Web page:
Reform Party Tallinn division chairman and likely mayoral candidate Kristen Michal said that the party's platform in Tallinn provides for the entire education system being Estonian-language beginning in kindergarten.
"We want a fundamental change in the education system — the entire education system should be unified and Estonian-language beginning with kindergarten," Michal told ERR. "Thus the Center Party's grounds used for opposing Estonian- and Russian-language people and saying different things to different audiences would disappear as well."
According to Michal, the state and local governments maintain one education system where students learn in Estonian beginning in kindergarten already. "Currently, Estonian-language education in Russian schools only begins at the high school level, where it is possible to learn 60 percent in Estonian and 40 percent in another language," he explained. "With a unified system, the learning of Estonian would begin in kindergarten. President Kersti Kaljulaid, for example, has recommended beginning language study in kindergarten. In this case, the issue of language skills, later problems with language study and different information spaces would disappear."
Michal added that if anyone is interested in studying in a different language, be it English, Russian or Finnish, this can be done using opportunities available outside of a unified education system.
The transition would be gradual, Michal said, and require additional specialists and materials. "Currently, Estonian-language study following the 60/40 principle begins in Russian language schools only in high school, and then the issue arises that switching languages is uncomfortable and complicated," he noted.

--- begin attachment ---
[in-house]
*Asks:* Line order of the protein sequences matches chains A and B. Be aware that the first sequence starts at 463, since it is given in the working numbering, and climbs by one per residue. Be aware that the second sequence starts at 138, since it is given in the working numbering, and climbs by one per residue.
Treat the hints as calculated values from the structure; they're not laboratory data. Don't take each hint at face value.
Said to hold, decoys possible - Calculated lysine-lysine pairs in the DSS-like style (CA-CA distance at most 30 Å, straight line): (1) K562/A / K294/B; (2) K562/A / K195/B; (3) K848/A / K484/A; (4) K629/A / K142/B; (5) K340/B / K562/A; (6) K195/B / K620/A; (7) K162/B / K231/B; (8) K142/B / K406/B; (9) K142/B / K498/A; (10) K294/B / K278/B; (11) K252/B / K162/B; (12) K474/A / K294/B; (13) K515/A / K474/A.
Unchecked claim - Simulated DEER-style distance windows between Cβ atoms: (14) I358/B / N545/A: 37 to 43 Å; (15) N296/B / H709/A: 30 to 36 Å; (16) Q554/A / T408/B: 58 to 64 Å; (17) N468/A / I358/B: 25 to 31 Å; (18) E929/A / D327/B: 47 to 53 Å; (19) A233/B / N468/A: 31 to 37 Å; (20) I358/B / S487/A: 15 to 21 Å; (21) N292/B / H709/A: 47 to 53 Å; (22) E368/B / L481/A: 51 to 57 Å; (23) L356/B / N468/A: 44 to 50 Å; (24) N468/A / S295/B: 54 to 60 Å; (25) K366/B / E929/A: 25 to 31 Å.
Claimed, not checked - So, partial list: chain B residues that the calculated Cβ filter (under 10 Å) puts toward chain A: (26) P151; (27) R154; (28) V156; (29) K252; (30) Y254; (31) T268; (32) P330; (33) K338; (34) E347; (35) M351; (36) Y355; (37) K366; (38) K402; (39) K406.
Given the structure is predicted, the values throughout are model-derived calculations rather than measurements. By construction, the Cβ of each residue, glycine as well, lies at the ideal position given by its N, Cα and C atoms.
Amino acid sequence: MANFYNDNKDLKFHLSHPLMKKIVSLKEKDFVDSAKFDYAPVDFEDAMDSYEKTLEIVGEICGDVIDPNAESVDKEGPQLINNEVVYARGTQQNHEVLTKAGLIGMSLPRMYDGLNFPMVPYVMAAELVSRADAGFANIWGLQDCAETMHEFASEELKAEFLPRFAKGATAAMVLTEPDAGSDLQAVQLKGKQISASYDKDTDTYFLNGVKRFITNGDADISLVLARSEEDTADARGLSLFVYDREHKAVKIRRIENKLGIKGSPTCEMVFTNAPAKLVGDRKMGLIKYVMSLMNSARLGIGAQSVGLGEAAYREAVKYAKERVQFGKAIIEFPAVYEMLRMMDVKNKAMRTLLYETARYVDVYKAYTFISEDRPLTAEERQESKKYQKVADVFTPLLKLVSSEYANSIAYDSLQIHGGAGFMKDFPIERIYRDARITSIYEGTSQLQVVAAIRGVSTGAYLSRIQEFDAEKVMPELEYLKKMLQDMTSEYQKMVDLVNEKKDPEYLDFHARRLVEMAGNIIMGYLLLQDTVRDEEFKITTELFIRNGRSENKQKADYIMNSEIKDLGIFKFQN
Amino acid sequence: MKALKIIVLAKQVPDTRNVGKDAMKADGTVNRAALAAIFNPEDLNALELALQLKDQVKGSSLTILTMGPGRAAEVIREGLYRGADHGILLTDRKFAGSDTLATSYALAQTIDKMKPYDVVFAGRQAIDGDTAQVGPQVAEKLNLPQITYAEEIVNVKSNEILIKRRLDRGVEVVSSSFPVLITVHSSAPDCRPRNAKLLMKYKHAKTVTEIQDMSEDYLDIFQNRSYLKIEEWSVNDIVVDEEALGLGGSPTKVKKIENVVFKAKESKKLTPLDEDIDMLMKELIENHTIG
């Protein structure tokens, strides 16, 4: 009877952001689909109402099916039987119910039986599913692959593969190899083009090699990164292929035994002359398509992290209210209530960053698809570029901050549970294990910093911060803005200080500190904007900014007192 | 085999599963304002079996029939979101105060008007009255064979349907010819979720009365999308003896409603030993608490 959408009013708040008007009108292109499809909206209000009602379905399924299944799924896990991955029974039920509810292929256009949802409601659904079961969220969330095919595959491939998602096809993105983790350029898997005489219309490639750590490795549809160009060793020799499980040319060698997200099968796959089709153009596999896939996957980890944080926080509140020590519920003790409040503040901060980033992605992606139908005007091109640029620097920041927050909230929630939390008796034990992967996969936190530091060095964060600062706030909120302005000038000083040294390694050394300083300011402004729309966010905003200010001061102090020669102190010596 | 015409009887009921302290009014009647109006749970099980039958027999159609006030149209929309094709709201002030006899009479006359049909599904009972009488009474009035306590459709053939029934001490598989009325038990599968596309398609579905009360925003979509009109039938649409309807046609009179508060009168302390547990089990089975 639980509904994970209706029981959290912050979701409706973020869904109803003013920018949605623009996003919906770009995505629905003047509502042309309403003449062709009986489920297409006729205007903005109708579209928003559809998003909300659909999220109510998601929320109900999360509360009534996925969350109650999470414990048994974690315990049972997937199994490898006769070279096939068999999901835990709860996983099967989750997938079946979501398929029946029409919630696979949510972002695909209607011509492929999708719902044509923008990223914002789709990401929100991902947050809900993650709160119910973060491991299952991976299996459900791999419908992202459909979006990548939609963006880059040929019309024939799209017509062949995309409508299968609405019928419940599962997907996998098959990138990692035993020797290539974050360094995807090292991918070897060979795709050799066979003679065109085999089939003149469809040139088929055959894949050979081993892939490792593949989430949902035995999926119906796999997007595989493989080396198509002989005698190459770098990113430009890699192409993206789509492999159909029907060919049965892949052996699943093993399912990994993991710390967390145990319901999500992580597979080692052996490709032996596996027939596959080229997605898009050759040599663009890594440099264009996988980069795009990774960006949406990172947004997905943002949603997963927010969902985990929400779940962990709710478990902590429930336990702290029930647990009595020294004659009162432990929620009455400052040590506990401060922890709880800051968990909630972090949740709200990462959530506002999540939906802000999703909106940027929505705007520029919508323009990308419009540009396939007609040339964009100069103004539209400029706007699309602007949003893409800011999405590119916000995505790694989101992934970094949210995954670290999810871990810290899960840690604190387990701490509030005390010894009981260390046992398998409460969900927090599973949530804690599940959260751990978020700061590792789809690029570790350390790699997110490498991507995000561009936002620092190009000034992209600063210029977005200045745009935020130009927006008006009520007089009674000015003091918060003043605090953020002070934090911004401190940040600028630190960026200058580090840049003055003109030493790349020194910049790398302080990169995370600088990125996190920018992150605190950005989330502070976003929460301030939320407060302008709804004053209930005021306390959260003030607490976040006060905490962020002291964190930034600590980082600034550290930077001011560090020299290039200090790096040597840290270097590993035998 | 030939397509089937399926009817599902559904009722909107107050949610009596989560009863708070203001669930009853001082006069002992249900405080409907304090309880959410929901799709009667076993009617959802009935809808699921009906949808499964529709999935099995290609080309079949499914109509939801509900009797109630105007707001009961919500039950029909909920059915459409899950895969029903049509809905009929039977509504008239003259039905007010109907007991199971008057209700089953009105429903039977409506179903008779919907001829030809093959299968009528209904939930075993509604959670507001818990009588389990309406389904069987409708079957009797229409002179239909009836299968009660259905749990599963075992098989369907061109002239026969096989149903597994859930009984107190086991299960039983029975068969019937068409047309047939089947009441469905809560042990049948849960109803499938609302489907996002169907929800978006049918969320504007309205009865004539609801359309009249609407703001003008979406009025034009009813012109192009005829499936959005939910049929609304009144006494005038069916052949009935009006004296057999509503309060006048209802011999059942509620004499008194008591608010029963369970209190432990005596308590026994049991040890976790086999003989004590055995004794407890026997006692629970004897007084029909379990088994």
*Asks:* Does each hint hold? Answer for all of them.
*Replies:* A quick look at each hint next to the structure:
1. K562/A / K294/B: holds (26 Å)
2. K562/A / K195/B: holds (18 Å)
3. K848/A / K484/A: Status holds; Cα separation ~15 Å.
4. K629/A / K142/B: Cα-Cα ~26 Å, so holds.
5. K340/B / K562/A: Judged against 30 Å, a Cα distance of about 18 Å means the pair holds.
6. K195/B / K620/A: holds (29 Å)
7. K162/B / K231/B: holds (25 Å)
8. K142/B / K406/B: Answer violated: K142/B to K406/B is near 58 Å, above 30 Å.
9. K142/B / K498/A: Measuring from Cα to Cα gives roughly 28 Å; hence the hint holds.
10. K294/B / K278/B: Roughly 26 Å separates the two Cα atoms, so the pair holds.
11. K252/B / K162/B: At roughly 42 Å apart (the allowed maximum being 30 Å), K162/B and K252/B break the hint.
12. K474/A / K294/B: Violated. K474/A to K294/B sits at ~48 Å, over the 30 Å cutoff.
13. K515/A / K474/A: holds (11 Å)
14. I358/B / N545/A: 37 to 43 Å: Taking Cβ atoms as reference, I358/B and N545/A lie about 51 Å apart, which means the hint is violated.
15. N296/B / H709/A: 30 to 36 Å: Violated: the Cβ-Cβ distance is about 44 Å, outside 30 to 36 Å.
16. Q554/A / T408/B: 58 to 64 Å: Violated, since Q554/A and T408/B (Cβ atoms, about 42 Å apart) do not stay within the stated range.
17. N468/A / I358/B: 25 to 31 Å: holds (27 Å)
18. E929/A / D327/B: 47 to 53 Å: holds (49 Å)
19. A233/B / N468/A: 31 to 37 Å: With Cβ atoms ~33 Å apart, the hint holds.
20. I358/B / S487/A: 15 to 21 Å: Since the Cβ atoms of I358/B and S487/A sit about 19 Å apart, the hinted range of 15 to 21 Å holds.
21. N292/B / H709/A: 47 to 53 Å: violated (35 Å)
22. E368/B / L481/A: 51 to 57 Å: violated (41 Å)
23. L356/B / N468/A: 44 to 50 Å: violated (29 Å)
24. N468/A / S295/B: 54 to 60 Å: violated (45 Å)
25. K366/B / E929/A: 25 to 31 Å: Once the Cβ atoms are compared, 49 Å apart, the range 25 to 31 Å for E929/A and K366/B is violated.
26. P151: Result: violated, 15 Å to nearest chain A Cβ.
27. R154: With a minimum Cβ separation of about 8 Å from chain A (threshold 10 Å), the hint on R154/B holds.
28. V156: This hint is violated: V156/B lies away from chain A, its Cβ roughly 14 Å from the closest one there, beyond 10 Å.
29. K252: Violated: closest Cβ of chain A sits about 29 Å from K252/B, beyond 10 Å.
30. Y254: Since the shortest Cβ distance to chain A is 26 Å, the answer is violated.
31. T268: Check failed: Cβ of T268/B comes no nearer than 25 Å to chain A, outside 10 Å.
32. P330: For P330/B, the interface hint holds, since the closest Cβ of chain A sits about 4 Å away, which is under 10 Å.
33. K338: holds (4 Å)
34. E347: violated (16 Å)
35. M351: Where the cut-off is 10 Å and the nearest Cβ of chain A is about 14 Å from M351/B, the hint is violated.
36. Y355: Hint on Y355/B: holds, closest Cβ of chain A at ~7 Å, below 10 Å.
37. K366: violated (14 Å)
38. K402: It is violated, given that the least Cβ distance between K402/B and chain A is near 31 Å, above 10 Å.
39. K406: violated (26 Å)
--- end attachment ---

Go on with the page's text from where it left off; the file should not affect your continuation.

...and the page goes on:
"Beginning with kindergarten, we wouldn't have any reason to talk about the language problem anymore," he continued, "or different language audiences in Estonia to whom it is possible to say different things. There would be one taxpayer-paid education system in Estonia where Estonian-language education would begin in kindergarten and it would be possible to study in one's native language on the side. This is already the case today in Russian-language schools beginning at the high school level — the same language study would begin at the kindergarten level.
Michal noted that many Russian-language children attend Estonian kindergarten specifically to learn the Estonian language. "To claim that something would simply be lost is a simplification of the matter," he clarified. "It would be more exact to say that the teaching of the Estonian language according to the same principle as currently applies beginning in high school would begin in kindergartens with a different native language."
Editor: Aili Vahtla